Encoule - What was it like growing up in Cracow under the Communists?
Smolken – “Dull and grey but really pretty normal. My friends and
I got into fights, played football, set stuff on fire... same things
kids do everywhere else. We were probably less trusting of adults and
authority in general, though.”
Encoule - What was the original inspiration that kick-started your
life's journey into music?
Smolken – “When I was a teenager living in Texas, my father bought
a guitar at a garage sale for 25-cents and then spent more than that
on a bottle of wood glue to put it back together. The neck was too
warped for it to be playable, but with the strings loosened, it made
a horrid rattling clatter. That was my start. Some time later my
brother found a much more functional guitar leaning against a
Encoule - We understand that as a youth you were influenced by
peasant folk music, cabaret & anti-Communist sung poetry. Would you
mind expanding on that a little for us?
Smolken – “That's just what my parents listened to when I was a
kid: Ewa Demarczyk, Piwnica Pod Baranami, Jacek Kaczmarski & Maciej
Zembaty's translations of Leonard Cohen, etc. Much of it was never
officially released and circulated on home-dubbed tapes. My father
copied and distributed these illegal tapes so the house was always
full of them. I got to hear a whole lot of that stuff.”
Encoule - What were the 'political reasons' that forced your family
to leave Cracow for Texas in 1986?
Smolken – “Basically the government didn't really want my father
around and didn't have any objections to us going away. My mother was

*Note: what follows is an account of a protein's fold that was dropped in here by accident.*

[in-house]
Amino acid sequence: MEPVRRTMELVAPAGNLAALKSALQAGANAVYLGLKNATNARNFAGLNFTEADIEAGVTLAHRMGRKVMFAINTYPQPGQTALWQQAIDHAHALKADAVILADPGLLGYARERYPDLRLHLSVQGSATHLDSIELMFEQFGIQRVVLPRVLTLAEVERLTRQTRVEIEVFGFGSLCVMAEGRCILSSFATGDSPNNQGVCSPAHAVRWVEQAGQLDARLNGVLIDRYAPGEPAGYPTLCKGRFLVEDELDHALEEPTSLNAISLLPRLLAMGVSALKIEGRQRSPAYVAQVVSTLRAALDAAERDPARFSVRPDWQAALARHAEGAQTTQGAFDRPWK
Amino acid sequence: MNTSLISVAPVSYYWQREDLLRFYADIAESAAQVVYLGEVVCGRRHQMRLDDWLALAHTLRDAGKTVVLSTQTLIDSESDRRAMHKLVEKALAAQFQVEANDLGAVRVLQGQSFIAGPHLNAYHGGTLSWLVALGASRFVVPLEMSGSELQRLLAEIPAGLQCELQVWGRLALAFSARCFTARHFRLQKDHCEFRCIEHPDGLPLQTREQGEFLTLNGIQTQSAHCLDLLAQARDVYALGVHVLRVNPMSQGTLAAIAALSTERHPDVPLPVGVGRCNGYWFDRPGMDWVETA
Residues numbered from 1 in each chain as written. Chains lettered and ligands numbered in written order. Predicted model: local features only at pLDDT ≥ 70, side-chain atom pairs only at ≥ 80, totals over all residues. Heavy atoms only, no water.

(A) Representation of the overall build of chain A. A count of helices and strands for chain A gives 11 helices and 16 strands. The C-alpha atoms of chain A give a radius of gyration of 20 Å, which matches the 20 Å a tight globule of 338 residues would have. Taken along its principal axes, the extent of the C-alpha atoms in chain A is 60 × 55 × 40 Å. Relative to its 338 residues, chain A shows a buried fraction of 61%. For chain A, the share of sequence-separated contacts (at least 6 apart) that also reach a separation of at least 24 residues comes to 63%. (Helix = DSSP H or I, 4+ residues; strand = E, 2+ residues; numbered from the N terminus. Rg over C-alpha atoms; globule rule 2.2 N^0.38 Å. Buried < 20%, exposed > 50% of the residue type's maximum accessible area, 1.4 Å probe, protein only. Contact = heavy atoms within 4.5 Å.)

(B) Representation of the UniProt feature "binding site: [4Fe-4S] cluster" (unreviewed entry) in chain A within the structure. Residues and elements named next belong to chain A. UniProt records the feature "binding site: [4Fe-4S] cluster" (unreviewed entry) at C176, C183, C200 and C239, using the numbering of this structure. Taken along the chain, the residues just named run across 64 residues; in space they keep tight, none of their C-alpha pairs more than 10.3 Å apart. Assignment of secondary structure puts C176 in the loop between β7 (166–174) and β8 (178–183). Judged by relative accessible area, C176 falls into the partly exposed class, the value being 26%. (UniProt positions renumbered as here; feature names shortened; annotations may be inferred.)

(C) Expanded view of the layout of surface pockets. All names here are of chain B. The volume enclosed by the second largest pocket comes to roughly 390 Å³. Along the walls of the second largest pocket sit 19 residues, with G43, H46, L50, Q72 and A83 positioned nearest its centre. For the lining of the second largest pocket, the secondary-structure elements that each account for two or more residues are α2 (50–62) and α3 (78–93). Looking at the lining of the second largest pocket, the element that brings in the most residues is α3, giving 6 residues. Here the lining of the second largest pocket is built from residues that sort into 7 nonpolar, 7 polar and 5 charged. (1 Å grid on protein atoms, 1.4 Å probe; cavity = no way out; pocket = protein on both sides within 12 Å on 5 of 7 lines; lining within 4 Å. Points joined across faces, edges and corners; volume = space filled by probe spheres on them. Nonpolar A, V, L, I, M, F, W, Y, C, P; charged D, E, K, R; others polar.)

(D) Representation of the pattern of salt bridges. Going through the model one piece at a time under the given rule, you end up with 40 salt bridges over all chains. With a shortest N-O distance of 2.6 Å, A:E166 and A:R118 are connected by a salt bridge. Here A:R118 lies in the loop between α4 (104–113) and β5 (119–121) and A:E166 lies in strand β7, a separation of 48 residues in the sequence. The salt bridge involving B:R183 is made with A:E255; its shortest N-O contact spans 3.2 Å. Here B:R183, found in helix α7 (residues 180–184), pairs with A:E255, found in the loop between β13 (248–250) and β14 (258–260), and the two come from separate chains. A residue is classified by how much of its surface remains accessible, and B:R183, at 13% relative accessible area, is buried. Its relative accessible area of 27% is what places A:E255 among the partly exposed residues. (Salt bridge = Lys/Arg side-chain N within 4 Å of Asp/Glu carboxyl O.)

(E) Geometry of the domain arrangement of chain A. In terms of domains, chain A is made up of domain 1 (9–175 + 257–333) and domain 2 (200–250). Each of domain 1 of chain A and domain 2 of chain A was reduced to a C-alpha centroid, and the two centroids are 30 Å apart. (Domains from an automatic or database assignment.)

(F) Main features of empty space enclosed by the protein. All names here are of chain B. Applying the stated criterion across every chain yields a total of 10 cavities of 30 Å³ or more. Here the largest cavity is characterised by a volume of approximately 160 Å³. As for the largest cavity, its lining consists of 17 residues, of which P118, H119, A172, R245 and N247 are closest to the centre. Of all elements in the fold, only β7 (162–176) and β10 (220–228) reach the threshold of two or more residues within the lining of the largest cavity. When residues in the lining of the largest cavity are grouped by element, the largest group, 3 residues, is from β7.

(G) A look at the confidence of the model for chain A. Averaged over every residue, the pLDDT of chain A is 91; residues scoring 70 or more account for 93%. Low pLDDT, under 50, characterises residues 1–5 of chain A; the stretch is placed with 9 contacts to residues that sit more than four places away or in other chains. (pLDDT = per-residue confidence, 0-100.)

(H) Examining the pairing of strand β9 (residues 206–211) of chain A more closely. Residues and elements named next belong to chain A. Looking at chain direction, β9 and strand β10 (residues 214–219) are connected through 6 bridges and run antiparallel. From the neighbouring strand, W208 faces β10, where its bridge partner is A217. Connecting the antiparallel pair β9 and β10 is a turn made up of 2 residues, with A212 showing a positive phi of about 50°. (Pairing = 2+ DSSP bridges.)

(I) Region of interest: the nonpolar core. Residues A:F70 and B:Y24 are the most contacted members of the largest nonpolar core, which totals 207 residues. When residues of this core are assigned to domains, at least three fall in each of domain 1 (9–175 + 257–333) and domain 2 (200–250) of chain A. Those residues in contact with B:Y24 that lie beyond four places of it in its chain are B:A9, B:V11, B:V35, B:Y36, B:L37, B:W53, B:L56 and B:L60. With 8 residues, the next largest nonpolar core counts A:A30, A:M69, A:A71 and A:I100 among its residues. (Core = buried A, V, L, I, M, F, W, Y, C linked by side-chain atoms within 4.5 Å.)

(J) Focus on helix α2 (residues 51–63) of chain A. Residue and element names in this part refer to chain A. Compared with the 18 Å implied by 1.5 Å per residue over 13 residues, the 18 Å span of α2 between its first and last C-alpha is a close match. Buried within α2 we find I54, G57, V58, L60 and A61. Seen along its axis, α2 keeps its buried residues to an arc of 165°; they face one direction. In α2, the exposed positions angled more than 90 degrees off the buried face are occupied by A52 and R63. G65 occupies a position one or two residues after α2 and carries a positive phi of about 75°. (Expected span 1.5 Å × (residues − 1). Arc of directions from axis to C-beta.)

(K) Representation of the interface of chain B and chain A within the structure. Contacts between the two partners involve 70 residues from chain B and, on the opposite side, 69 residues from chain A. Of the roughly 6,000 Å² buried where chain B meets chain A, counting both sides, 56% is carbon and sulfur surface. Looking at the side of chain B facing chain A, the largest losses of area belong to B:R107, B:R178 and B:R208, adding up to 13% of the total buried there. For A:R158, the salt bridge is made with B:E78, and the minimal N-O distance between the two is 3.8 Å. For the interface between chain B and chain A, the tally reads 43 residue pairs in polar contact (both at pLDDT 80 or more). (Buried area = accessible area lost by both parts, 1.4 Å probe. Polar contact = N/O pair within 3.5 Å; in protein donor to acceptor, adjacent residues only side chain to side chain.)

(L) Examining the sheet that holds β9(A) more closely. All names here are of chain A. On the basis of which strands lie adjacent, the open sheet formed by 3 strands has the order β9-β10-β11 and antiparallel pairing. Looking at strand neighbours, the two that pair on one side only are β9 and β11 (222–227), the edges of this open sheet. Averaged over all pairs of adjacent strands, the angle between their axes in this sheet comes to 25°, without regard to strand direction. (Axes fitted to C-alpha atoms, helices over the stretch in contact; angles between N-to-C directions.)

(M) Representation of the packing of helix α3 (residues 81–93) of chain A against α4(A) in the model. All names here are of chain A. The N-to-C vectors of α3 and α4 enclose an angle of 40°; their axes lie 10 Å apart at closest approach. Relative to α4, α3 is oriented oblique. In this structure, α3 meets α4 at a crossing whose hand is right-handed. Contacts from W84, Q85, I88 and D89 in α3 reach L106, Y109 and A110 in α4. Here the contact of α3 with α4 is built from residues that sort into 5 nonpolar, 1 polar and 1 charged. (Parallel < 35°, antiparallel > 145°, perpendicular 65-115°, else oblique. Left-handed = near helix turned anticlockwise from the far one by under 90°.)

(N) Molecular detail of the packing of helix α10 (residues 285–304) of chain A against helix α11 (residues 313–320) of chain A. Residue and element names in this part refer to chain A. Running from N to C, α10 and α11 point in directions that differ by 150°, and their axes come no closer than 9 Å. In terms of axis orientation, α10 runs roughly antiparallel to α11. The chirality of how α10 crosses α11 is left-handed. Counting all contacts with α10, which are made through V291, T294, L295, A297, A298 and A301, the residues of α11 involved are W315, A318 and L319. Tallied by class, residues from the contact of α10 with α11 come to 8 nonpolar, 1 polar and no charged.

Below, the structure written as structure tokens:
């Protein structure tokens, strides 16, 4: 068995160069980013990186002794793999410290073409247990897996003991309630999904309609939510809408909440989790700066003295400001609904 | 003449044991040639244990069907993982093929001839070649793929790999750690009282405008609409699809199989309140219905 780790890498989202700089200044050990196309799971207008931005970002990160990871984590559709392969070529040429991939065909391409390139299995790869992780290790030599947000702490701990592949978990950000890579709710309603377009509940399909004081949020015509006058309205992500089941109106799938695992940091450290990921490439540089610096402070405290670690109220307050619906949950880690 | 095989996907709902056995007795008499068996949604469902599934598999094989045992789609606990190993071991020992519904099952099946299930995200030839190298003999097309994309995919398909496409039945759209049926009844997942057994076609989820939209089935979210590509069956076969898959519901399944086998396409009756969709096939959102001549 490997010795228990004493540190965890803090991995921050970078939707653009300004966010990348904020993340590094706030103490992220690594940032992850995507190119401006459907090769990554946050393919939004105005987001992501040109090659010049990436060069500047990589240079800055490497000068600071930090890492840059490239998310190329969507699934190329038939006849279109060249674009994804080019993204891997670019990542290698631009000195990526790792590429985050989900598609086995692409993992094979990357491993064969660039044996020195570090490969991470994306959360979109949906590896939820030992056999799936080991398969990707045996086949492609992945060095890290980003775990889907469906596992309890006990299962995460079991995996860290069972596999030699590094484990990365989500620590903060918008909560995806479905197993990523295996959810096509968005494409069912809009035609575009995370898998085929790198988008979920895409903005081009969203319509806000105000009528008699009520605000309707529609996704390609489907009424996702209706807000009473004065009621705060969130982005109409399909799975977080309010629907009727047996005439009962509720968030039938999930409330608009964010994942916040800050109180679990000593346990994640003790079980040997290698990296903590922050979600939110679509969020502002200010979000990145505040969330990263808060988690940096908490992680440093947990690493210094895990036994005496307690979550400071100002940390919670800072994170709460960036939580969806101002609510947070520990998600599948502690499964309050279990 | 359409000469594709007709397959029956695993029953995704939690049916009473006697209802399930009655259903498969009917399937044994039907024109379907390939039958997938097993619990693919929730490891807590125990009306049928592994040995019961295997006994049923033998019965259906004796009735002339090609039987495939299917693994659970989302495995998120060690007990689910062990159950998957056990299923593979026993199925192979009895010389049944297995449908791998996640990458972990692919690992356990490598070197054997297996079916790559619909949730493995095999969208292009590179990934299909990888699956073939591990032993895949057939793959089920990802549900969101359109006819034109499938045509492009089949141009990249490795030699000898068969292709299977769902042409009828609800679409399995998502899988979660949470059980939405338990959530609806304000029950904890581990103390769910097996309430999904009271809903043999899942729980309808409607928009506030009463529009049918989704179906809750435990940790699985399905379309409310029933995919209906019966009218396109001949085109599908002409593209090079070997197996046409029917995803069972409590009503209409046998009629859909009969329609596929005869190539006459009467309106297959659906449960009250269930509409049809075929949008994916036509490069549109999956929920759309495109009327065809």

having a hard time dealing with things like a black car parked under
our building with two guys making notes on who's coming and going.
She wanted my brother and me to have a better future somewhere else,
so we took the opportunity.”
Encoule - Why Texas?
Smolken – “Luck of the draw, really. We got passports (which was a
clear sign that the government didn't want us around!) and three-day
tourist visas to Italy. Like most people who went on pilgrimages to
Rome at the time, we headed for the refugee camp in Latina. There we
were asked what country we wanted to sign up for. We chose the US,
because out of the countries that took Polish refugees at that time,
they had the shortest wait. Ten months later we were sent to Texas
because there was a charity in Dallas that was willing to help us get
on our feet. They picked us pretty randomly out of the huge waiting
list of immigrants who had refugee visas.”
Encoule - What were you up to between 1986 when you arrived in the US
& 1996 when you formed Dead Raven Choir?
Smolken – “Normal life: school, learning to play American sports,
university, work . . .”
Encoule - You formed DRC in 1996 with a 'mysterious' woman. What can
you tell us about her 'mystery' & the birth of DRC?
Smolken – “I can tell you she recorded some vocals . . . but had
smoked so much pot, she doesn't remember the recording itself!”